Review of single and double hull tanker designs has been conducted to identify the relevant aspects of the hull structure in the context of conversion into future FPSO systems. Typical designs have been selected and structural analyzes procedures for verification of the hull girder strength and the primary and secondary structures have been reviewed regarding yielding, buckling and fatigue strength. The typical defects and the main degradation modes based on the return of experience with tankers are also identified and a set of hull design parameters are described in order to evaluate the hulls candidates to conversion.
The paper provides guidelines to assist the selection of trading tankers for conversion into FPSO. Based on a set of hull design parameters, different hull configurations are evaluated and the respective advantages and disadvantages assessed in order to identify the best candidates for conversion.
Reserve of strength and corrosion margins have to be analyzed for each hull and compared with the FPSO project requirements, including field design life, environmental conditions and corrosion rates. Lists of typical defects and hazards based on the return of experience with tankers are also discussed. The paper also discuss the different designs based on the several parameters analyzed in order to provide guidelines to assess the hull structure condition, estimate the repair work at conversion and the inspection effort along the FPSO life.
FPSO conversion projects based on existing trading tankers are still alternatives to new constructions for developments in areas like West Africa, Brazil and South East Asia. Nevertheless there are few tankers built before 1985 still available for conversion. Consequently single hull tankers built after mid 80s and double hulls built after early 90s became natural candidates to conversion into FPSO. Nevertheless, the decision making process regarding the selection of such hulls faces the higher cost of refurbishment of single hulls during the conversion and the high cost of purchase of more recent double hulls.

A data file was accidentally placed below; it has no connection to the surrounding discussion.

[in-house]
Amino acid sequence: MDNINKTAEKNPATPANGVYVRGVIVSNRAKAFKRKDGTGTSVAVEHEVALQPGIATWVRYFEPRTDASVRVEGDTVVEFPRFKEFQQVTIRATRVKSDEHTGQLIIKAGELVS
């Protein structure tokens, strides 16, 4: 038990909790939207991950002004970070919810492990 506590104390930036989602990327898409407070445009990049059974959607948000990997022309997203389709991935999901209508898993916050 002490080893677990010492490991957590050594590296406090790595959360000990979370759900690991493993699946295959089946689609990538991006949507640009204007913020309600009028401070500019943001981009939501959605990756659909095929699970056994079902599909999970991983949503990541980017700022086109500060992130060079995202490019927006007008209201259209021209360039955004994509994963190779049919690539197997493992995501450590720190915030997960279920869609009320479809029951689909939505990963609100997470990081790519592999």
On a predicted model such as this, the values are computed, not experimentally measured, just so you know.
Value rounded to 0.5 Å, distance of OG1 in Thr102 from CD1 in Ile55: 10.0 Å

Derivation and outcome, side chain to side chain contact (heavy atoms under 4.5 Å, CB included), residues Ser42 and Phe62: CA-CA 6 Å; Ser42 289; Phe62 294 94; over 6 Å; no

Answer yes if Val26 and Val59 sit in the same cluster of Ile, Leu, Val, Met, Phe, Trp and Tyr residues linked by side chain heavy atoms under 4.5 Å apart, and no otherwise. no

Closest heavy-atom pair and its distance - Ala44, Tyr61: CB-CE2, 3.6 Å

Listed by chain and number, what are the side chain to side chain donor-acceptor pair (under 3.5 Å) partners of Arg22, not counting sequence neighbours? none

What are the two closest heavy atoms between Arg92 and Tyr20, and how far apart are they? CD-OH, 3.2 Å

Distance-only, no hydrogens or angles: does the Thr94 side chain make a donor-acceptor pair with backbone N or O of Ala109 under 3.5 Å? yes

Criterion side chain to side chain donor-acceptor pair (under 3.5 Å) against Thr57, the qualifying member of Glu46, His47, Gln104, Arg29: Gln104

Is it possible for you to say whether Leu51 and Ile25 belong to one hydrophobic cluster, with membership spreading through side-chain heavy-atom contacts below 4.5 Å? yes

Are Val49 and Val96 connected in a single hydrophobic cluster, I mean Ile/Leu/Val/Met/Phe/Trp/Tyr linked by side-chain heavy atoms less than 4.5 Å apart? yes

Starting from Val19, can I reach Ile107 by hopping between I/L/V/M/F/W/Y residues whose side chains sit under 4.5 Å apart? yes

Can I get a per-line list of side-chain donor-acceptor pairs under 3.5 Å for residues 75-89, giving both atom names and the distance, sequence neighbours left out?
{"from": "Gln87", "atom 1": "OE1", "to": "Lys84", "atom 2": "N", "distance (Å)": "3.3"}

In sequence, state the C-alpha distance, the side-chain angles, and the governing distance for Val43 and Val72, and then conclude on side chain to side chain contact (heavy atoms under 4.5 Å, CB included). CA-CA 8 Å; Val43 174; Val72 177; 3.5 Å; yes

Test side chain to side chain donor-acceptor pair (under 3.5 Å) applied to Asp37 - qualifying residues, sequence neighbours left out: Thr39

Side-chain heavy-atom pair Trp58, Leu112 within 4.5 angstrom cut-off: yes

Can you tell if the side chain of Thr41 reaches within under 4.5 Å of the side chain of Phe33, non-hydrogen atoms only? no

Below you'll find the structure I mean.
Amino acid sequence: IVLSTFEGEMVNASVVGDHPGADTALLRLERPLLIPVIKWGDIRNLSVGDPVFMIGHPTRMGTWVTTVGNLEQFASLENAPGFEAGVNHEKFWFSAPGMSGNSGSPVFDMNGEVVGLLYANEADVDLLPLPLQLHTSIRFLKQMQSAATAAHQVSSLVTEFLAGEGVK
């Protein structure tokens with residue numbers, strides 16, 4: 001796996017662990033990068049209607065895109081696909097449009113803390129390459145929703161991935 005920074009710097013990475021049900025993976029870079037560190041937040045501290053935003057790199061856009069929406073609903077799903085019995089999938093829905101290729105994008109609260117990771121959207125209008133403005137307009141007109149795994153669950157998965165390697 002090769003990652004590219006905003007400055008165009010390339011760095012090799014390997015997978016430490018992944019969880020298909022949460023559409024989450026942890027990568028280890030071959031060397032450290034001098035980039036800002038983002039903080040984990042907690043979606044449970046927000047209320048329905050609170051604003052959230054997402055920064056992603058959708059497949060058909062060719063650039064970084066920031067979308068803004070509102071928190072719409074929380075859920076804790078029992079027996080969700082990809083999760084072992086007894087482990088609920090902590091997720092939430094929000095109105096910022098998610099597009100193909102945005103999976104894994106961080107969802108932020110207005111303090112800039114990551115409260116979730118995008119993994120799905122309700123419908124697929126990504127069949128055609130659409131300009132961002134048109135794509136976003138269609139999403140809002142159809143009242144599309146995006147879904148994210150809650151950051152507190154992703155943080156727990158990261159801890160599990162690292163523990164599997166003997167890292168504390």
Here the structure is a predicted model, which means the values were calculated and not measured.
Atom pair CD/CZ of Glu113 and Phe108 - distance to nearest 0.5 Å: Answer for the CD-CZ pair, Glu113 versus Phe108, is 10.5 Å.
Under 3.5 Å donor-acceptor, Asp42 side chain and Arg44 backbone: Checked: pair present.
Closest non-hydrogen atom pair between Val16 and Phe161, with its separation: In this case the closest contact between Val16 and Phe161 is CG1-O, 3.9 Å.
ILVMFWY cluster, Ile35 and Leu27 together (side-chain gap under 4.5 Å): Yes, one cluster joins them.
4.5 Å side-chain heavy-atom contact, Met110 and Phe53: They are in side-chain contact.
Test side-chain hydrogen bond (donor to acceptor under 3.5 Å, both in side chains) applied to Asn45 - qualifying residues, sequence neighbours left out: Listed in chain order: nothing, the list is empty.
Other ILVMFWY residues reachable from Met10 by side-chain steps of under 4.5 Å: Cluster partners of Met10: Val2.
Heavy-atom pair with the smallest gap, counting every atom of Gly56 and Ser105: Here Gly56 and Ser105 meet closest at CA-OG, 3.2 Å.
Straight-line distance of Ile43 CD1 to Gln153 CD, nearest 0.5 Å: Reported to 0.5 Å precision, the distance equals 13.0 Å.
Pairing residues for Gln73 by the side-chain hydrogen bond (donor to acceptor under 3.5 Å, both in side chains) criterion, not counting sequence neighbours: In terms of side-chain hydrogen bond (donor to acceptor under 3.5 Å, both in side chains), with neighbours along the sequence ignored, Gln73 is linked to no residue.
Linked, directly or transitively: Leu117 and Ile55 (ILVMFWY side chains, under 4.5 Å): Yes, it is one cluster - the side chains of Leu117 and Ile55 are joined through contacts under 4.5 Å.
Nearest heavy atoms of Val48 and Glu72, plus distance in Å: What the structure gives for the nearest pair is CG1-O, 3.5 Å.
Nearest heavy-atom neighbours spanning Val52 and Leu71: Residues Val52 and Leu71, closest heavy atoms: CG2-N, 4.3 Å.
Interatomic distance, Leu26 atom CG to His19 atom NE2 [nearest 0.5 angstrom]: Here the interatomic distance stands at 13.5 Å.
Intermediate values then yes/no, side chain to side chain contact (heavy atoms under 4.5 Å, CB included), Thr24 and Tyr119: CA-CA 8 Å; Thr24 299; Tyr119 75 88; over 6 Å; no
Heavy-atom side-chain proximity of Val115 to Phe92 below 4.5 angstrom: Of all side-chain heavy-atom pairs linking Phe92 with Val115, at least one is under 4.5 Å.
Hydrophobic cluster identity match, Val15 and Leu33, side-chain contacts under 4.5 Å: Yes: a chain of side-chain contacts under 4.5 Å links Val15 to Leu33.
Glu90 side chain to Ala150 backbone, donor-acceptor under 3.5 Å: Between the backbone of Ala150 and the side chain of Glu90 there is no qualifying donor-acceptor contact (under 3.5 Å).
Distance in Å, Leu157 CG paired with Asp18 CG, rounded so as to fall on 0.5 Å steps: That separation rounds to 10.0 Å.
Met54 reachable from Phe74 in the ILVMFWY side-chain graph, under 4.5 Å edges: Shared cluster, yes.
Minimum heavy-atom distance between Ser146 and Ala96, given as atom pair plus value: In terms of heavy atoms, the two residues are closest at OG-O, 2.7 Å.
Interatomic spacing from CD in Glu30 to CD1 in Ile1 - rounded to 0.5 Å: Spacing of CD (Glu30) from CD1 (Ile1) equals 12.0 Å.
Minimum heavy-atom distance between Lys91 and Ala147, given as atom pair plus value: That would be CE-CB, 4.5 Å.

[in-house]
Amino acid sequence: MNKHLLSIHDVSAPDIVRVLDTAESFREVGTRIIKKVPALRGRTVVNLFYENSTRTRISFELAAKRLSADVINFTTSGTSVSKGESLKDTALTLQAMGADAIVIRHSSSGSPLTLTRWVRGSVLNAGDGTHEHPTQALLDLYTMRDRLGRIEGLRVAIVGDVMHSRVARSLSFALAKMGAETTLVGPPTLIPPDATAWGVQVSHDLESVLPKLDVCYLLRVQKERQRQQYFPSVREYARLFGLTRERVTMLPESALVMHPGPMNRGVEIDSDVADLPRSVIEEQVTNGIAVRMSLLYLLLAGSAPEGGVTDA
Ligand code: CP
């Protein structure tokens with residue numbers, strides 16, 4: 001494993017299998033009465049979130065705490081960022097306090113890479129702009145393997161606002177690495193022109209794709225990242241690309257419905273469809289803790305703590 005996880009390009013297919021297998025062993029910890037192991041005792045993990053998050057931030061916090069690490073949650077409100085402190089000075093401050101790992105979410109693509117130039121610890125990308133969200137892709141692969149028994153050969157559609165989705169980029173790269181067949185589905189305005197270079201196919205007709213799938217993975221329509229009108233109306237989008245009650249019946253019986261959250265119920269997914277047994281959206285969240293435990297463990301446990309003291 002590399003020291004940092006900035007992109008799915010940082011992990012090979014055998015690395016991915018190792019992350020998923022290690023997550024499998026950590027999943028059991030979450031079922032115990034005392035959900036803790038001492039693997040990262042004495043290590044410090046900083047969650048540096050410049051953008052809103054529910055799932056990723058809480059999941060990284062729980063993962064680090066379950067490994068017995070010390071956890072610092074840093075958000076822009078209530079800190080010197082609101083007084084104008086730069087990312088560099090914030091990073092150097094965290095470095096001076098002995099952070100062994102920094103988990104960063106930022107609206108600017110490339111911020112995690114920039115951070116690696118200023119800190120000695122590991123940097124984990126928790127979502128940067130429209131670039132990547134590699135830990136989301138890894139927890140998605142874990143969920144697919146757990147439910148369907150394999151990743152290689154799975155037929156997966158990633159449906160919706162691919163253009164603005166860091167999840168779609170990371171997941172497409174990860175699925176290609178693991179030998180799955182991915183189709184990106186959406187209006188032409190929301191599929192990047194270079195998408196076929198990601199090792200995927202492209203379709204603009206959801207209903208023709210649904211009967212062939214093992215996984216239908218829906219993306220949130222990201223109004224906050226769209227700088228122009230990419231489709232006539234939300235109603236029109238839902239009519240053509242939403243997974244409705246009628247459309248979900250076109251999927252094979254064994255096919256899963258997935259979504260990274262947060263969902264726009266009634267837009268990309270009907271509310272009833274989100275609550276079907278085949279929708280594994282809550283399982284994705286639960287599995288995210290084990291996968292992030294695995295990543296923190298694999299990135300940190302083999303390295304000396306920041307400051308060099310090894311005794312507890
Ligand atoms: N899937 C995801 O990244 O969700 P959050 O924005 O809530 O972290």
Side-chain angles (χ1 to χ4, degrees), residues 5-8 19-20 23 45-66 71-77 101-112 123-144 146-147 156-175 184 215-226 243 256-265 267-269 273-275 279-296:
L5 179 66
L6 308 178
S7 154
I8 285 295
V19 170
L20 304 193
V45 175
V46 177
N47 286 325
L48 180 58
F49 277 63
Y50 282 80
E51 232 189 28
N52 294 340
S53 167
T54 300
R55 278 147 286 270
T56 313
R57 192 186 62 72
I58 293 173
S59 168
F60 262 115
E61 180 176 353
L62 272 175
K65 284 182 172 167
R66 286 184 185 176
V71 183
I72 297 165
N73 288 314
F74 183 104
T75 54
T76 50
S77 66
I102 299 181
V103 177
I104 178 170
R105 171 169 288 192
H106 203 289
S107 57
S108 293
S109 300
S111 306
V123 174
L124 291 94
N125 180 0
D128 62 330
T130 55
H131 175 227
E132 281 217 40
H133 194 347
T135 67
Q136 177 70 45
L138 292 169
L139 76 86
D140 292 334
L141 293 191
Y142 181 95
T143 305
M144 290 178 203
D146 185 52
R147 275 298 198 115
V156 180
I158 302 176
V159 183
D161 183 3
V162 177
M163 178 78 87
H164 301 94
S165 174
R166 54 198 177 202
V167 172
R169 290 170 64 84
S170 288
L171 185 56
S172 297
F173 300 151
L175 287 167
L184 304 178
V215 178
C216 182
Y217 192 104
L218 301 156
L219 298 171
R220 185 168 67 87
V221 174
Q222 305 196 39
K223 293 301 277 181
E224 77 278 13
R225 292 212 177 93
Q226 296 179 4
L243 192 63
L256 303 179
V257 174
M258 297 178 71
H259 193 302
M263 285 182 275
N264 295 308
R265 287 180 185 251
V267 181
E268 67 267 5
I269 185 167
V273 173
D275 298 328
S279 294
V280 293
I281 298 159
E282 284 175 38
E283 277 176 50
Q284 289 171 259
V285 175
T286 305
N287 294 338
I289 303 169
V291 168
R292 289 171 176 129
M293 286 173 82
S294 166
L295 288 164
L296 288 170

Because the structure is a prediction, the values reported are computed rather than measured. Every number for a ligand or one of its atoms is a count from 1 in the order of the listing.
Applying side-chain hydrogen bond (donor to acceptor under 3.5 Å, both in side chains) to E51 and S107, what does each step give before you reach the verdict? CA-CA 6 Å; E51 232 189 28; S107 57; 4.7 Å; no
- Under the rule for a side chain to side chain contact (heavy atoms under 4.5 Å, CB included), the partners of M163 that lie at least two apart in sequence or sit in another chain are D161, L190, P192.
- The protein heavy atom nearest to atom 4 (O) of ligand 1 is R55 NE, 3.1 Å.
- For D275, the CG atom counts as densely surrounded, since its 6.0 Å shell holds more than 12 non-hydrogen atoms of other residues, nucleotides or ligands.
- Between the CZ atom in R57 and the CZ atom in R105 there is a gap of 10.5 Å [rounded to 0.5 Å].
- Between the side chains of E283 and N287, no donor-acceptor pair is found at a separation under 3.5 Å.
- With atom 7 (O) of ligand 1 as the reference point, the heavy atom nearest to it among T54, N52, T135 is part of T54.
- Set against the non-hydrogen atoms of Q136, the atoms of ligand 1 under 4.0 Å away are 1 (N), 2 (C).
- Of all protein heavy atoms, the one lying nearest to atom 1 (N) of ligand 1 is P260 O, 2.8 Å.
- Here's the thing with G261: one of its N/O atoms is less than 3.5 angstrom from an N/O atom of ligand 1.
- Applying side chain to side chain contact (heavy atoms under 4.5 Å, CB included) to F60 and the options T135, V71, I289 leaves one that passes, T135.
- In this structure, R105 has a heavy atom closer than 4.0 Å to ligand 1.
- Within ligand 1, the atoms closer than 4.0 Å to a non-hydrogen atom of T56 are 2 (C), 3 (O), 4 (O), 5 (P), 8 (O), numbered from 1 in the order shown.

FPSOFloating Production, Storage and Offloading system
FSOFloating, Storage and Offloading system
HTSHigh Tensile Steel
IMRInspection, Maintenance and Repair
MARPOL International Convention for the Prevention of Pollution from Ships
MIC Microbial Induced Corrosion
SBT Segregated Ballast Tank
SWBM Still Water Bending Moment
SWSF Still Water Shear Force
VLCC Very Large Crude Oil Carrier
VWBM Vertical Wave Bending Moment
VWSF Vertical Wave Shear Force
Although we see a shift towards new-build FPSO's, in particular for developments in harsh environment conditions, conversion seems to remain the basis for several projects in areas where benign environmental conditions are predominant, such as West Africa, Southeast Asia and Brazil.
Therefore, the possibility of fast track schedules to have an early first oil date is also a important parameter in the decision process for selection of the floating unit type of hull: converted or new-build.
Data concerning VLCC tankers built between 1973 and 2004 have been reviewed in order to identify the main types of oil tanker still operating and that may be available for FPSO conversion projects.